There’s undoubtedly a distinct connection between thriving in the face of kidney disease and maintaining balanced health, all-around. Any kind of extremes, whether they be declines or increases, can throw off kidney function when it’s already impaired. And, in the case of chronic kidney disease patients, these imbalances can often prove fatal. One component of cardiovascular health that needs to be maintained in a balanced state of equilibrium as much as possible, is hypertension or high blood pressure. A new study has identified a link between intensive blood pressure lowering and significant decline of renal function.
Doctor Elaine Ku of the University of California, San Francisco’s Dept. of Medicine Nephrology Division, along with her colleagues, had showcased previous study results which indicated acute kidney function declines higher than or equal to 20 percent, concurrent with active measures to significantly lower blood led to a much greater risk of escalating CKD into end-stage renal disease.
Researchers primarily tracked the decline of eGFR at various points (< 5%, 5-20%, 20%) at months 3-4 of the trial, comparing mortality rates of patients with normal blood pressure levels against those with blood pressure levels which were lowered through intensive means. Although the study authors complained about the lack of research into the correlation between blood pressure control and kidney decline, the data they unearthed seemed to offer some insight into another component of the kidney disease control equation.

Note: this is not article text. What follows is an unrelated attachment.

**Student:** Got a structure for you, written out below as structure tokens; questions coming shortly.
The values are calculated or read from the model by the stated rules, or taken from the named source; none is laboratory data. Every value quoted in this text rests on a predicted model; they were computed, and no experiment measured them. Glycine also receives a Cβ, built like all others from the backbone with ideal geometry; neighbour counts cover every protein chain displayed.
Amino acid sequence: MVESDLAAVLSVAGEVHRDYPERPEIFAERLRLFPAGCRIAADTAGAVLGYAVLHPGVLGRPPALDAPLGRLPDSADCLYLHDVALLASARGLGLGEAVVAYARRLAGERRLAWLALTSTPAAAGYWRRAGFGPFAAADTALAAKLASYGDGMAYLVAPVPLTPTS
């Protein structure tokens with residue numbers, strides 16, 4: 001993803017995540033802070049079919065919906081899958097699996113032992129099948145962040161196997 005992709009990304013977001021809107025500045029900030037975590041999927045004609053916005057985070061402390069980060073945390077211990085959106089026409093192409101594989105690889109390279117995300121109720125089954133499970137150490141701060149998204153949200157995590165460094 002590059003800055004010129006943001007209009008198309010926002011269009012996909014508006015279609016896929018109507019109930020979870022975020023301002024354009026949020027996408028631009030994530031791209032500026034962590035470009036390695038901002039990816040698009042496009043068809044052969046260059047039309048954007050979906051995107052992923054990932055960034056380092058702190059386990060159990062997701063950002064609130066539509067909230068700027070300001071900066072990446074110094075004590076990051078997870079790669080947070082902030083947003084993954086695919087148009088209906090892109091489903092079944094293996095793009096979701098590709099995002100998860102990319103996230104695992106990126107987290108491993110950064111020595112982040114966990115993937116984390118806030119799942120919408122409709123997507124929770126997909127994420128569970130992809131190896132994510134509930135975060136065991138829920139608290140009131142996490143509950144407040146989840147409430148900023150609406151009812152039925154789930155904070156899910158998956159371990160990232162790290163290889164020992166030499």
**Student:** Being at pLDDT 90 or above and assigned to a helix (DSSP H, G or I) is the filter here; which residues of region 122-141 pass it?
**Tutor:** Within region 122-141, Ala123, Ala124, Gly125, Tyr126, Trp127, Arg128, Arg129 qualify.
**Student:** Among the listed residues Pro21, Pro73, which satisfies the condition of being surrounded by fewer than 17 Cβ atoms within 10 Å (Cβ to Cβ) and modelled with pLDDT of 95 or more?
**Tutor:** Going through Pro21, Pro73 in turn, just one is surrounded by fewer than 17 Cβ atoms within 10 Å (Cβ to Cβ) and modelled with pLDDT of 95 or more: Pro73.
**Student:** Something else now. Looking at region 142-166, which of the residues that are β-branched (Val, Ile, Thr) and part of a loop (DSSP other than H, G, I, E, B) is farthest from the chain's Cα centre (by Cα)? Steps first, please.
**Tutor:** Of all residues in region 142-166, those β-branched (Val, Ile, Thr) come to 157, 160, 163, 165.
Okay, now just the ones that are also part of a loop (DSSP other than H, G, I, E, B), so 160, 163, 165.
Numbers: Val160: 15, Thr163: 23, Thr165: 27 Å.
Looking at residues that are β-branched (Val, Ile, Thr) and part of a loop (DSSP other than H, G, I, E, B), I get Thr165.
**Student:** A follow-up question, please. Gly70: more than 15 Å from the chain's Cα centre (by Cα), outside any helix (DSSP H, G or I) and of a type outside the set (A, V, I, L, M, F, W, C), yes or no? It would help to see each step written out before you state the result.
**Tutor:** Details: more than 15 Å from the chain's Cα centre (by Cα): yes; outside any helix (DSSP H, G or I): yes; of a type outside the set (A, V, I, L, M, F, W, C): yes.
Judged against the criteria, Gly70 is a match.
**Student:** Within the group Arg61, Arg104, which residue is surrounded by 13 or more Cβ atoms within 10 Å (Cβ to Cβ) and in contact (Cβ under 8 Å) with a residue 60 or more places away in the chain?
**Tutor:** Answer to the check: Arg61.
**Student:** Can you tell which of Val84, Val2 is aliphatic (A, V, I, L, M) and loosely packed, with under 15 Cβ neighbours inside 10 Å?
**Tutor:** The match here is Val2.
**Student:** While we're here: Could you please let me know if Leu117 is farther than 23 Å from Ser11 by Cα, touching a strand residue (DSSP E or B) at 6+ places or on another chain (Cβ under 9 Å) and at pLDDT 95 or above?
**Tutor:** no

Kidney disease, like many chronic illnesses, is a balancing act and often one has to weigh the pros of treating one condition against the potential cons of treatment side-effects. With hypertension, your doctor will be able to tell you whether it is at a serious enough level to warrant intensive methods of control or whether the risk to the kidneys would outweigh the benefit of such a protocol. Luckily, there are things you can do to maintain a stable blood pressure that isn’t too low or too high.
For High Blood Pressure (Anything Over 120/80)
- Reduce sodium (salt) intake, don’t season food with salty seasonings or add salt to sauces which often have tons of sodium already
- Maintain a healthy weight for your height and body type.
- Fit in fitness time, even with a brisk walk each day, you’ll be amazed at how it adds up in the long run.
- Avoid smoking, coffee and alcohol along with processed foods.
For Low Blood Pressure (Anything Below 90/60)
- Maintain your fluid intake throughout the day. Dehydration can often bring on low blood pressure.
- Make sure your vitamin B levels are sufficient, a B-12 deficiency could cause anemia and low bp.
- Avoid low blood pressure triggers like standing for long periods of time.
- Wearing compression stockings.
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